POUND RIDGE, N.Y. — Anyone who thinks cemeteries are morbid should come check out “Cemeteries of Pound Ridge," a fascinating and educational exhibit at the Pound Ridge Museum.
Pound Ridge Historical Society President Joyce Butterfield began work on the exhibit in January and opened it in April. She said she loved researching the old grave sites and finding out the who’s who of historical Pound Ridge.
“I don’t think they’re morbid — they tell a story,” she said.
This type of research can be somewhat addictive, she added. “You just can’t stop until you find the answer. You have to solve the mystery.”
Butterfield said there are 18 cemeteries in Pound Ridge today, a number that was originally higher, since some of the remains were moved to join relatives in family plots in other towns.
Burial Hill, the town’s official cemetery and also its largest, is the subject of the exhibit. Tombstone records only up until the 1940s have been released to the public, so she created the exhibit using that earlier section of the cemetery.
Butterfield said she used a host of resources in her work on “Cemeteries of Pound Ridge,” including “God’s Country” by Jay Harris, a 1971 book on the history of Pound Ridge; Ancestry.com; the Pound Ridge Garden Club Cemetery Booklet; the Historical Society’s collections; and “Historical Landmark Houses of Pound Ridge,” among others.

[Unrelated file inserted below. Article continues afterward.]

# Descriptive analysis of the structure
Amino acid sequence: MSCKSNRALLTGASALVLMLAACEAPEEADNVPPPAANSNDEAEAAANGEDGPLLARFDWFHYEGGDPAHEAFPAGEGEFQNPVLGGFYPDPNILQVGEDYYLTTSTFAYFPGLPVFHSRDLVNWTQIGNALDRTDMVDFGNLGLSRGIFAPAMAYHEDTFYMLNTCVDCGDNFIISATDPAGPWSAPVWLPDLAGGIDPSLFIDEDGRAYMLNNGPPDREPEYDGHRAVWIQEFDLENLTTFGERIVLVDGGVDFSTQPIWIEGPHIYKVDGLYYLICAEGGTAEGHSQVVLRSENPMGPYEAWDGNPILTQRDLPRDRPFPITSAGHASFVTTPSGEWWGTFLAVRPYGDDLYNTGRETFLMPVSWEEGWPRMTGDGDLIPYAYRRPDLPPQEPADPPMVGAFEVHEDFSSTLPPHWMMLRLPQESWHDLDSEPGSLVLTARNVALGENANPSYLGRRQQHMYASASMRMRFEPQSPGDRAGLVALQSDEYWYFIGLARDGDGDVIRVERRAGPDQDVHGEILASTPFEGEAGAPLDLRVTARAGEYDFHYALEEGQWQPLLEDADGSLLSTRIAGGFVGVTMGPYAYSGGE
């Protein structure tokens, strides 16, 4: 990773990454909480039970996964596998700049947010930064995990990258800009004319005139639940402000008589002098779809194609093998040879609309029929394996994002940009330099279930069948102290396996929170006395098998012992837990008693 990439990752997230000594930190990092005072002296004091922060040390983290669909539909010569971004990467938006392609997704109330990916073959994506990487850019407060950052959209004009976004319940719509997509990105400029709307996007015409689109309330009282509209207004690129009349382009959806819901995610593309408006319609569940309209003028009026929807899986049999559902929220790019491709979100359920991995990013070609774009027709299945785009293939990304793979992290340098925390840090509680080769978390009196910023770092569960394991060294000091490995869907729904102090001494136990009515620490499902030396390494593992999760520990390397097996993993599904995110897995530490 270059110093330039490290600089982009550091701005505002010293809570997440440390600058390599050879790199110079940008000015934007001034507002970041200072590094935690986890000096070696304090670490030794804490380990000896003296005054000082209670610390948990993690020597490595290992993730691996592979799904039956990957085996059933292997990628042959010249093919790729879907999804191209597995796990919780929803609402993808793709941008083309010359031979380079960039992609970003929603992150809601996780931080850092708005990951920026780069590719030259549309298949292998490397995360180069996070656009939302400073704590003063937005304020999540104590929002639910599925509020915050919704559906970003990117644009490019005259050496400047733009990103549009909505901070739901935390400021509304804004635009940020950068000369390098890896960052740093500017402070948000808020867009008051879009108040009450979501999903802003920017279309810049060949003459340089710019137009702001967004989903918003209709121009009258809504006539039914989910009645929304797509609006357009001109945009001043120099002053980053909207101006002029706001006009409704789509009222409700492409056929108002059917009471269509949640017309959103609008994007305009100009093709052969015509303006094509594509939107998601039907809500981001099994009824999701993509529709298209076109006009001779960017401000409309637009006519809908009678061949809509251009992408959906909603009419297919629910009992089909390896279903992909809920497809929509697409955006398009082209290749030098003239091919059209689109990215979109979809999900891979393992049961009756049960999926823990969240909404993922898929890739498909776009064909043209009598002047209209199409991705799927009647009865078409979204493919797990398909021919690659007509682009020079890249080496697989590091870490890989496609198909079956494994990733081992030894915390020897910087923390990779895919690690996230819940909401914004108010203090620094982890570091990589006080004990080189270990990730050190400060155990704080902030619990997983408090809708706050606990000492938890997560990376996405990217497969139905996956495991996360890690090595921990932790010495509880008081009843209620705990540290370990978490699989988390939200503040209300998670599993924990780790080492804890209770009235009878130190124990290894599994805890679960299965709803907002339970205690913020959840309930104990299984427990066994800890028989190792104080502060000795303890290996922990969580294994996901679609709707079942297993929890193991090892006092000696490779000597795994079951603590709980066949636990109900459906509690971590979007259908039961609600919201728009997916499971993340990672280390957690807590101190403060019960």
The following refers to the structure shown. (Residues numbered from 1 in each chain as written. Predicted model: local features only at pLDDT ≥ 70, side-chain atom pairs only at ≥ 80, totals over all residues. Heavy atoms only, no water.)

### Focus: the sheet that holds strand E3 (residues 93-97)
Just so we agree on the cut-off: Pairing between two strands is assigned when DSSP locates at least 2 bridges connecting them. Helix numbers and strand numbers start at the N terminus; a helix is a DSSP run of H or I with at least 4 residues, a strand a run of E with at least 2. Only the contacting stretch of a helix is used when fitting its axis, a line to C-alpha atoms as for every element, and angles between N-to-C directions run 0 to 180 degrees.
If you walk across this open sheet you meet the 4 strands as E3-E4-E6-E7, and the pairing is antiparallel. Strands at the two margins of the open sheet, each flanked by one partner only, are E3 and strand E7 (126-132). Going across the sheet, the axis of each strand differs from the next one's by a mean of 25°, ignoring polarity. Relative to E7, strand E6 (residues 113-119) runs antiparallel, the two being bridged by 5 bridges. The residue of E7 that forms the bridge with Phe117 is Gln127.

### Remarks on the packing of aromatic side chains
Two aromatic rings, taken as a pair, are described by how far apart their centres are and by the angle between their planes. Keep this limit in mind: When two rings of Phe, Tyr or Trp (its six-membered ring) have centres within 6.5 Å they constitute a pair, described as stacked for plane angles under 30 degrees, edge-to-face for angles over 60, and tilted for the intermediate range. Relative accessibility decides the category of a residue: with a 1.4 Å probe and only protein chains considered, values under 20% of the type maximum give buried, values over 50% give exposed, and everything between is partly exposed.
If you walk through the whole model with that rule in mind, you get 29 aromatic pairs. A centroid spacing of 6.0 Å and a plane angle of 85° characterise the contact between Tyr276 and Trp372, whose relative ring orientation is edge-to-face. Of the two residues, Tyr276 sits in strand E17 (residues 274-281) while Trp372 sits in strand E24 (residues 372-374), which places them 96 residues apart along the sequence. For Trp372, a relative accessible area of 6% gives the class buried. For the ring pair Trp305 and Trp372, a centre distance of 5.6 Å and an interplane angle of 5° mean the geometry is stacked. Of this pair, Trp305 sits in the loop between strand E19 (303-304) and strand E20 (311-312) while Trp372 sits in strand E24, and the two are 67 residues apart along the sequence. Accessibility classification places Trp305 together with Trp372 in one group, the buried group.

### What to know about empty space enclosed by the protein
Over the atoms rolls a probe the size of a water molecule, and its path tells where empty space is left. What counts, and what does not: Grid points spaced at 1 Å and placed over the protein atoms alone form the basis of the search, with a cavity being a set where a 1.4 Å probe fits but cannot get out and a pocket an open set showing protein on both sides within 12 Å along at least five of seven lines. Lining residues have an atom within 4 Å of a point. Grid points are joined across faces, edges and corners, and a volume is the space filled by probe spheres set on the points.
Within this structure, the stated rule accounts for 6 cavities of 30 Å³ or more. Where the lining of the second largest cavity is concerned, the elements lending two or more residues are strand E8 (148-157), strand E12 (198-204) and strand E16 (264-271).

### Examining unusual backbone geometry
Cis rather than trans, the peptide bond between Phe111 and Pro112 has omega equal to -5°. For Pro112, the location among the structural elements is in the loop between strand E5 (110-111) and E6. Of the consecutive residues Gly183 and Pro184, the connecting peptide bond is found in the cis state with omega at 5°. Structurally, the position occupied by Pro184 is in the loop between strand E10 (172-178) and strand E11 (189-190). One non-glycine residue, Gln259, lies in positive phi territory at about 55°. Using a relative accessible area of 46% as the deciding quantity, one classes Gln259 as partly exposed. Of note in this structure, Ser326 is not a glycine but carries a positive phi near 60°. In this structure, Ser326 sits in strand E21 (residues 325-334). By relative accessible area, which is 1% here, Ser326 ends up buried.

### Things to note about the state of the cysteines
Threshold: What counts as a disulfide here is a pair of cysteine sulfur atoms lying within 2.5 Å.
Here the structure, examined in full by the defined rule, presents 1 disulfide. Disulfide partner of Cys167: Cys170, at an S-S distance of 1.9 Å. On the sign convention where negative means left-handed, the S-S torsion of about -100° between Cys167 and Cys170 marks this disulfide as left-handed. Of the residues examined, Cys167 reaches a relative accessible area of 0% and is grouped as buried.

She also had the help of guest curator Patrick Raftery, librarian for the Westchester County Historical Society, consulting his exhaustive compendium of county graveyards.
For his book “Cemeteries of Westchester,” “He must have looked at every single one of the graveyards in Westchester County,” she said, laughing.
Butterfield said the exhibit, which has large photographic reproductions of headstones and explanations of their inscriptions, is a rich resource for the community. The Historical Society invited a group of of 90 fifth-graders from Pound Ridge Elementary School to visit the exhibit and do some grave rubbings on an old headstone acquired by the museum.
The exhibit closes on Dec. 2. Visitors are invited to donate any amount for admission.